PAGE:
All Quiet Ch 1-5

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All Quiet on the Western Front Student PortfolioBy Hannah Menich

Ch 1-5 QuestionsPersonal Response: Based on Paul s description of the front, what part of the experience do you think would be the hardest to bear? What could provide consolation? Based on Paul s description I think the hardest part to bear about the front would be the constant fear of being under attack. They talk in the book about after they were attacked at the front all on the way back the slightest thing would make them jump, and they were always afraid of this. The feel that your life could be over in a second just seems excruciating. Paul talks about how Mller recites physics while under enemy fire, I think this would be a way to try and stay calm and focused, by just reciting simple things. 1. In the opening scene. Why does Paul s company have extra food to eat? Why is Franz Kemmerich dying? How are Mller s feelings about Kemmerich s dying different from Paul s feelings? The reason the company had extra food to eat was that there was a miscalculation because the person in charge said 150 soldiers would be coming back and needing food but there was a large fight and they lost a lot of people so there was extra for those who came back. Franz Kemmerich is dying because he was shot in the leg, and they did amputate it but it wasn t enough. Mller s feelings about Kemmerich s dying is different from Paul s because Mller really wants Kemmerich s shoes and he believes that since he is dying anyway it shouldn t be a big deal, but Paul is denying that he is going to die and talks about him being able to go home. 2. How does the schoolmaster Kantorek refer to his former students? Why do Paul and Kropp scoff at the term Kantorek uses? How do the young men feel about Corporal Himmelstoss? Why? Kantorek refers to his former students as the Iron Youth. They laugh at this because as soldiers they don t think of themselves as youth anymore, they think of themselves as men because the war has hardened them. The men don t like Corporal Himmelstoss whatsoever. He pushed them and made them drill way to hard and he humiliated Tjaden because he wet the bed. 3. What mission at the front is Paul s group sent to perform? What do the men rely on to survive?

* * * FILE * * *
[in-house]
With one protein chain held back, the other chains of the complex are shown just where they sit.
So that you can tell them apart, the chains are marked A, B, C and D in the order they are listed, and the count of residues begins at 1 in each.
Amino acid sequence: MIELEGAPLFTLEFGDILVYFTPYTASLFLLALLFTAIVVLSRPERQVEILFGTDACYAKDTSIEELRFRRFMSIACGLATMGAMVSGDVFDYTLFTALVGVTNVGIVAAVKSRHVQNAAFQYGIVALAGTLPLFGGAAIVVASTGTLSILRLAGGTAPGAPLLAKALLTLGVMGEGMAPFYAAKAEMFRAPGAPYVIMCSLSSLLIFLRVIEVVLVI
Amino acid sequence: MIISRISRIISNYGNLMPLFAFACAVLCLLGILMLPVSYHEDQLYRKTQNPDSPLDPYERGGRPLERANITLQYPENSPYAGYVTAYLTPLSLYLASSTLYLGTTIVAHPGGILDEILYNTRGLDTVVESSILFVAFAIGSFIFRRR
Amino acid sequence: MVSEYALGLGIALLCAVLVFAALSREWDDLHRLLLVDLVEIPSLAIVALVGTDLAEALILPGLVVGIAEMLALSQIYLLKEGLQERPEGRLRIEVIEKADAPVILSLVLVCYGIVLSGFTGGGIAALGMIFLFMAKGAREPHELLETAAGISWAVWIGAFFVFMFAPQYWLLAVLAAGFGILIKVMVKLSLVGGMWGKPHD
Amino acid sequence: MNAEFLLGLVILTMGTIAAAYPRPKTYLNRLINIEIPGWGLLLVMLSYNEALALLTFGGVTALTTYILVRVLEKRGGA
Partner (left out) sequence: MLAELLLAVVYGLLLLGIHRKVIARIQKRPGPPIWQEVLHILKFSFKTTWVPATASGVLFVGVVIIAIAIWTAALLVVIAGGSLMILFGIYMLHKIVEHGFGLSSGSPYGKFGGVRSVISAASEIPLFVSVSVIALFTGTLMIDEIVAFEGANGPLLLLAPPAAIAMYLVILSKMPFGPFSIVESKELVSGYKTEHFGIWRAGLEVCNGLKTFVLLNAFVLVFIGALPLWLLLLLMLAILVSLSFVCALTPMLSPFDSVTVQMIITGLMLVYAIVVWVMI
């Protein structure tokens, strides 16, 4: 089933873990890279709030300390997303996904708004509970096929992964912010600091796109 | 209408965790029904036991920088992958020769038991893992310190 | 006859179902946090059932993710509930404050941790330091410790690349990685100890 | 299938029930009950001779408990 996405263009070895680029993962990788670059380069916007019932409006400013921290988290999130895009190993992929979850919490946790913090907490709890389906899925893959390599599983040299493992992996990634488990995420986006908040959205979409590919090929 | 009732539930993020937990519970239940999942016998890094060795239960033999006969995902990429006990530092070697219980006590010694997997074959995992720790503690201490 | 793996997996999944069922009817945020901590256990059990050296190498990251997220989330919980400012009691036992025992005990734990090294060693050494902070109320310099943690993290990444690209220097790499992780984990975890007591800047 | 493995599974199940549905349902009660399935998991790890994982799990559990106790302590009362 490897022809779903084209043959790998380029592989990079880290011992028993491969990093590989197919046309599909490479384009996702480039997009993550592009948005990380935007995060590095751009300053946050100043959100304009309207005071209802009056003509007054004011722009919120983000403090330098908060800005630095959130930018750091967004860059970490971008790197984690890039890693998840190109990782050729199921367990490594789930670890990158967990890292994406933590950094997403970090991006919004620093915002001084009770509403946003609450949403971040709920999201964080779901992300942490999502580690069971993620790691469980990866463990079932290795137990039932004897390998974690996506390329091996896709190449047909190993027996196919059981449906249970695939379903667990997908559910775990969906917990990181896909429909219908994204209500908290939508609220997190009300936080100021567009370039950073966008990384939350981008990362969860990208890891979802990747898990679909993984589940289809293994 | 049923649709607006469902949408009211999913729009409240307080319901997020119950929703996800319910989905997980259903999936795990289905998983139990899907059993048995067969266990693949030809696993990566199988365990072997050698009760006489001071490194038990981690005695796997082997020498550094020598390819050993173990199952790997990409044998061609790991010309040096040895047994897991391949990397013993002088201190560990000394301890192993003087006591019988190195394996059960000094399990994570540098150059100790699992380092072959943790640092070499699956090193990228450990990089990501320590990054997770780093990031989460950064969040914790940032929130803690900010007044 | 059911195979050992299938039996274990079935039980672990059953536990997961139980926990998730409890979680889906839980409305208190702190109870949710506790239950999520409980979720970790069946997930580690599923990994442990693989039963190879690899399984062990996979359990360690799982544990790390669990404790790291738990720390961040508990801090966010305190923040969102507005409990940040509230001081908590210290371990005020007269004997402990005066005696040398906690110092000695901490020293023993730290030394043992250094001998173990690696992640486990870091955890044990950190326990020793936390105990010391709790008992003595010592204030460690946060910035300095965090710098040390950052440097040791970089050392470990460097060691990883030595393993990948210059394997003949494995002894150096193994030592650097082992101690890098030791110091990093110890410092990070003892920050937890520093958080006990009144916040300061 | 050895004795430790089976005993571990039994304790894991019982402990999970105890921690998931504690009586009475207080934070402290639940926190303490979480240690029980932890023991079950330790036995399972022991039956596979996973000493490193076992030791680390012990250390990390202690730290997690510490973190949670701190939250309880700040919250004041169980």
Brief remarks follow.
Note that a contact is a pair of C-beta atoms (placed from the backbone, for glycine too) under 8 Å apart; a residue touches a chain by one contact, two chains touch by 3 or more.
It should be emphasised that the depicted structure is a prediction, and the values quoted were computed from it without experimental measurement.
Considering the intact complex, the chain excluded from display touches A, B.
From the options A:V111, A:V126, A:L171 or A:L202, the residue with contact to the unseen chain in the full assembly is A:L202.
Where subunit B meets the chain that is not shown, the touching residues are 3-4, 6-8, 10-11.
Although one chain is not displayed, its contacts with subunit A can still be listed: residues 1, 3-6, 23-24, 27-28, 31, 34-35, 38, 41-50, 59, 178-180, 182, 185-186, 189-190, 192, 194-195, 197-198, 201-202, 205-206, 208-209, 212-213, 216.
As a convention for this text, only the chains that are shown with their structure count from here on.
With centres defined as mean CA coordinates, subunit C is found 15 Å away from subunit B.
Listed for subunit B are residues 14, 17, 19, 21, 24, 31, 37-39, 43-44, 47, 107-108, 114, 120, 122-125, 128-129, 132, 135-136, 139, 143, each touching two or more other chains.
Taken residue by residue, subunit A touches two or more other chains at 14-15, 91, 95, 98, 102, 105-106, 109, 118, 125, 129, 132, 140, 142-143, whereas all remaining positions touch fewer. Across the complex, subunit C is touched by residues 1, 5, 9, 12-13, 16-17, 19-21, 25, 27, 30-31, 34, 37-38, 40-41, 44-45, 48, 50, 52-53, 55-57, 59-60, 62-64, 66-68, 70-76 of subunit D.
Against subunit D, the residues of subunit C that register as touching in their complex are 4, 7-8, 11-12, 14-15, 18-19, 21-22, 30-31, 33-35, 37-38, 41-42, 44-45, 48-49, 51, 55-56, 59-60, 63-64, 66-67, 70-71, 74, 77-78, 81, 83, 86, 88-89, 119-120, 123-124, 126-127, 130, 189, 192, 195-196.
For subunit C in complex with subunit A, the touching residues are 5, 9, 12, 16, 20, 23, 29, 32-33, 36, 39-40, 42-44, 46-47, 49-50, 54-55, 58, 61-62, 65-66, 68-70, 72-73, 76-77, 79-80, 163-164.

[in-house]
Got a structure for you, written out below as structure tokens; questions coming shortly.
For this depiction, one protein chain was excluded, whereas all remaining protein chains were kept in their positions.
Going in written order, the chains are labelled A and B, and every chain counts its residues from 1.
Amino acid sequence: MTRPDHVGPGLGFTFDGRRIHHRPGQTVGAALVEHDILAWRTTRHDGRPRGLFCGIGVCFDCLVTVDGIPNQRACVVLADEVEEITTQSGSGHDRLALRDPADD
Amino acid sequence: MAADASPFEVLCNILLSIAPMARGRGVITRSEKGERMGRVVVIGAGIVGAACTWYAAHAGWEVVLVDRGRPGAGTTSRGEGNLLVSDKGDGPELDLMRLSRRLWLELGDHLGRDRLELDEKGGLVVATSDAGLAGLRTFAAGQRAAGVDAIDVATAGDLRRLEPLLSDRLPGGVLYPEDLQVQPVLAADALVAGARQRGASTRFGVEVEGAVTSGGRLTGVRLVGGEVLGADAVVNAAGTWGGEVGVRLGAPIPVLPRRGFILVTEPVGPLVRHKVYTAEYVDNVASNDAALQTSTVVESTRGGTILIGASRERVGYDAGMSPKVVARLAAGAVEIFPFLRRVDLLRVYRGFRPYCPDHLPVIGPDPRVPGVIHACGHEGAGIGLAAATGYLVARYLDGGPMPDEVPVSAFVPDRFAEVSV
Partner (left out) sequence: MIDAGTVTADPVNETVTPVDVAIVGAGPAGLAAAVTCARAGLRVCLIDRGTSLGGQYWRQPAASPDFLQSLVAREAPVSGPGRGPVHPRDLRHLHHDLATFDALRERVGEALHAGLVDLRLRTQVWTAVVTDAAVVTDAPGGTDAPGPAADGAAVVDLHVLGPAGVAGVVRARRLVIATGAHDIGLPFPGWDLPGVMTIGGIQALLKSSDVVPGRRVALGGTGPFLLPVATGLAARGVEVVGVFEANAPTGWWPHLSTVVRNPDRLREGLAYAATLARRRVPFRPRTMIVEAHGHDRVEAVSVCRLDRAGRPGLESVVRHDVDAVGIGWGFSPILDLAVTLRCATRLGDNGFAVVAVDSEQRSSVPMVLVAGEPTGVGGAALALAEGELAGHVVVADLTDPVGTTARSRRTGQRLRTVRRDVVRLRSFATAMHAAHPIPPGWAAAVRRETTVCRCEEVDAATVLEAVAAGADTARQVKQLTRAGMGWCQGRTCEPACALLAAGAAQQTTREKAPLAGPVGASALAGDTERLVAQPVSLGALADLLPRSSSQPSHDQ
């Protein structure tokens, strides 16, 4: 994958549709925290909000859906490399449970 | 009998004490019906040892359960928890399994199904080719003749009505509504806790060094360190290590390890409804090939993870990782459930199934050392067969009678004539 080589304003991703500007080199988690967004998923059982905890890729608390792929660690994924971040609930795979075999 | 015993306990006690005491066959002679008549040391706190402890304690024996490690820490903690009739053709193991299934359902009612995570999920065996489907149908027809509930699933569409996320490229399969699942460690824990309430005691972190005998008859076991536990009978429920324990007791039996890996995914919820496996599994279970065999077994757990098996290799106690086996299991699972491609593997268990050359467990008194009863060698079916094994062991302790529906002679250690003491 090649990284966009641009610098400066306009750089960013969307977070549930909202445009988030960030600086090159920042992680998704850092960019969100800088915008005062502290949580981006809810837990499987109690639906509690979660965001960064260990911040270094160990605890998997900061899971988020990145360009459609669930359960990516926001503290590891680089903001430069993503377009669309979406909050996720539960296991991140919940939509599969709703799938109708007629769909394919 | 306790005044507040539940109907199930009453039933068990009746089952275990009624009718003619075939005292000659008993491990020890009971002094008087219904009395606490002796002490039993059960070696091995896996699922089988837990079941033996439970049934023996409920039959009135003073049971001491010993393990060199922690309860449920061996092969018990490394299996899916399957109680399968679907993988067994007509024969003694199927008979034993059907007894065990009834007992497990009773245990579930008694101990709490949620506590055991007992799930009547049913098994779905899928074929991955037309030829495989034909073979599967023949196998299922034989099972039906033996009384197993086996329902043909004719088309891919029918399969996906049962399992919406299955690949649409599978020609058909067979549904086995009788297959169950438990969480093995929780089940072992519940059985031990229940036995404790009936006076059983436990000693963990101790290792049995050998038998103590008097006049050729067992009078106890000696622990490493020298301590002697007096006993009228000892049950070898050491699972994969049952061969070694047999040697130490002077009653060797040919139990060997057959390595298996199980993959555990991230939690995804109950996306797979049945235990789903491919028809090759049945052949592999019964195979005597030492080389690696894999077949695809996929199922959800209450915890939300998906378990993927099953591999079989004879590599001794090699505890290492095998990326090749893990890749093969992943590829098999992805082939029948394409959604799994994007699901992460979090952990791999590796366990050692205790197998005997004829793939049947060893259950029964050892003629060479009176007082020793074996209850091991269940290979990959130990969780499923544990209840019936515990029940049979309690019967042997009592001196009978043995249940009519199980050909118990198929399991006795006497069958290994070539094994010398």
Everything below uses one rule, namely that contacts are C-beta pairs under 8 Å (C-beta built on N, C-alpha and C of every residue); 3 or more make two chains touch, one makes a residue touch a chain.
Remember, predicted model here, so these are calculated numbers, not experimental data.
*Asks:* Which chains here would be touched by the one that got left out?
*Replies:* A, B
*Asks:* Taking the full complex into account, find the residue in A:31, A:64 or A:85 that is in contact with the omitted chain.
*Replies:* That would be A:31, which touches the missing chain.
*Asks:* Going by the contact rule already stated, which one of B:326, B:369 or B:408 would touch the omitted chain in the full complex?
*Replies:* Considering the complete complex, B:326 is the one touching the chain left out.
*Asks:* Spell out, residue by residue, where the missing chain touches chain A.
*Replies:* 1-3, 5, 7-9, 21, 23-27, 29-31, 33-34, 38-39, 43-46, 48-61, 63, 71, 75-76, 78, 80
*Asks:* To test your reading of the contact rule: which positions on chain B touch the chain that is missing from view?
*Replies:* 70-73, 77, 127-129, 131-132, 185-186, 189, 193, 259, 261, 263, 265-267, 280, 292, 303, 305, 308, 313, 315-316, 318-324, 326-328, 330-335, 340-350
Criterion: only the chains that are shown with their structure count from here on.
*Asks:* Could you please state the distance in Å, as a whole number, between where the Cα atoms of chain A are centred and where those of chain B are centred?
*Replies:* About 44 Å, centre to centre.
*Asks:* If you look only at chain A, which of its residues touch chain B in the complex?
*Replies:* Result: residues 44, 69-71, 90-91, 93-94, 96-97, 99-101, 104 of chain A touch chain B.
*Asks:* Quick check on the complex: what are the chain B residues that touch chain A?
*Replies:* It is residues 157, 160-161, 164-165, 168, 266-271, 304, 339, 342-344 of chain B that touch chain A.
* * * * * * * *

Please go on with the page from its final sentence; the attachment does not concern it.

Paul s group is sent to set up trenches with barbed wire at the front. However, while they are up there, there was serious bombing so they had to take shelter in the graveyard so they were hiding behind graves, and coffins that were blown out of the dirt. 4. What scene provides contrast to the tension and horror that the men experience at the front? A scene that provides contrast to the tension that they experienced at the front is when they stand up to Himmelstoss. He comes in and asks them to stand but instead they end up telling him off and saying very bad things to them. This makes them laugh and the relationship that they have with him provides a change in mood for the book so it is lighter and less serious. 5. What does Kropp mean when he says of himself and his classmates, The war has ruined us for everything ? Kropp means that because they have served under such harsh and terrifying conditions that they really can t go back to living normal lives. Especially to those who never had a job or profession to begin with, it s going to be hard for them to adapt back to regular society after dealing with everything they did.